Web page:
Step 3: Embryo Transfer Procedure

The actual embryo transfer part of the surrogacy medical process is relatively quick, easy and painless. Depending on her medical protocol, a gestational carrier will stop taking certain medications immediately prior to the transfer procedure.

Typically, a surrogate undergoes the embryo transfer procedure at the fertility clinic of her intended parents’ choosing. Our team will make sure that a carrier’s travel costs and lost wages are always covered during this procedure.

Depending on the surrogacy contract, a reproductive endocrinologist will transfer one or two embryos to the surrogate’s uterus via a syringe with a thin, flexible catheter. The syringe will be inserted through the cervix into the uterus, and an abdominal ultrasound will be used to ensure the exact placement of the embryos.

While the procedure is quick and easy, a surrogate may be required to rest for a few hours or days after the transfer is completed.

Step 4: Confirmation of Pregnancy

About a week after the embryo transfer, a surrogate typically returns to her intended parents’ clinic for a confirmation of her pregnancy. An HCG test (which measures pregnancy hormone levels) is completed, with medical professionals looking for a count of at least 50 or higher. Another test will be administered two days later to confirm the numbers continue to rise.

If this is the case, a surrogate is officially pregnant and she is able to move onto the most exciting part in the surrogacy medical process — pregnancy!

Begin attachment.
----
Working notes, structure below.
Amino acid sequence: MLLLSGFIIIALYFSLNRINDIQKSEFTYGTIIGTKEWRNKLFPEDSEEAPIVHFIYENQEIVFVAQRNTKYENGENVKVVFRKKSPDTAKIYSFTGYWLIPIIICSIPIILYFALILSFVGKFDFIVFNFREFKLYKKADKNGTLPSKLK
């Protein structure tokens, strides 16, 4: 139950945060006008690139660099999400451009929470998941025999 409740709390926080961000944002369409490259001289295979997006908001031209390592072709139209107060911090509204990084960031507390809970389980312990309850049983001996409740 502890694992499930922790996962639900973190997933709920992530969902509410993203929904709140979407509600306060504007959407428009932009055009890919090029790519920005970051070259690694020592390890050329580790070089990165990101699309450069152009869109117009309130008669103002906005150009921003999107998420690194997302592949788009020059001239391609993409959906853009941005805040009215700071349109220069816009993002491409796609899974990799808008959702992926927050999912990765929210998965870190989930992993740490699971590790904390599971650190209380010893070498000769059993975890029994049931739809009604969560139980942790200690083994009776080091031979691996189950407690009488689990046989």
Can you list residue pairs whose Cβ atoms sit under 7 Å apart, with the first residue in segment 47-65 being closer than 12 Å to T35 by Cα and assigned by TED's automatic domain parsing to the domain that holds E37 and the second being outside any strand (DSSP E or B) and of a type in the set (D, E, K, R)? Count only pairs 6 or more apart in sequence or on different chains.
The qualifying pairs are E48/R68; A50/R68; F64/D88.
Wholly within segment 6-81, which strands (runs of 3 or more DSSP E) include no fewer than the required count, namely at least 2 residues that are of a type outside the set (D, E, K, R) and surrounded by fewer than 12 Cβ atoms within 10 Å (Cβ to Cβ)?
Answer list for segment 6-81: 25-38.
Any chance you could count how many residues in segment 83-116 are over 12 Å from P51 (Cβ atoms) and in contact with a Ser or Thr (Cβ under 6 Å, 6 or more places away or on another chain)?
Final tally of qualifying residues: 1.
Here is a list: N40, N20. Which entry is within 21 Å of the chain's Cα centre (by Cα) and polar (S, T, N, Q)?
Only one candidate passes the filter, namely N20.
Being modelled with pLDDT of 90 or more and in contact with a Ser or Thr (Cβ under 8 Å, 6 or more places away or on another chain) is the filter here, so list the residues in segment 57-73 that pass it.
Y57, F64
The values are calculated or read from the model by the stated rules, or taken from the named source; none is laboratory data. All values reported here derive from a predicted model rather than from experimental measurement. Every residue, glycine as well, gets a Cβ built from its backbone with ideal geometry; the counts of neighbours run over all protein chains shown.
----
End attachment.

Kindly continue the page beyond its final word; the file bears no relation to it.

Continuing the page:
Keep in mind that not all embryo transfers are successful on the first attempt. Our team will ensure your surrogacy contract addresses failed transfers and the steps to take should they occur.

Step 5: Six-Week Ultrasound

As a gestational pregnancy progresses, a surrogate and her intended parents will stay in contact per the terms of their surrogacy agreement. This can include texts and emails, photos and phone calls, and more. Many intended parents want to be present for big moments in the surrogacy medical process — one of which is the six-week ultrasound.

During this ultrasound, the reproductive endocrinologist at the surrogacy clinic will check for a heartbeat and confirm that the fetus is developing appropriately. In most surrogacy journeys, a surrogate will start receiving her base compensation after a successful six-week ultrasound.

Step 6: Prenatal Care & Delivery

For the remainder of the pregnancy, a surrogate will receive prenatal care from her local obstetrician and keep her intended parents up to date on any news regarding her pregnancy and the baby’s development. Depending on the intended parents’ location, they may accompany the surrogate to many of these prenatal appointments.

Many intended parents will also plan to be present during a surrogate’s delivery. The two parties will create a surrogacy hospital plan detailing what to expect from this hospital stay and clearing up any confusion that may remain about this step in the surrogacy medical process. For most of our clients, the childbirth experience is a priceless one that both parties treasure for years to come.

When you work with our team at the Law Offices of James Fletcher Thompson, we will guide you through every step of your surrogacy journey, should you desire. That means assisting you through the surrogacy medical process in South Carolina, as well. We are happy to provide references to local medical professionals you need and coordinate with them as needed. If you’re simply interested in legal guidance, we can do that, too. We are here to create the kind of surrogacy experience you want.

For more information about the entire process of surrogacy in South Carolina, please contact our team today.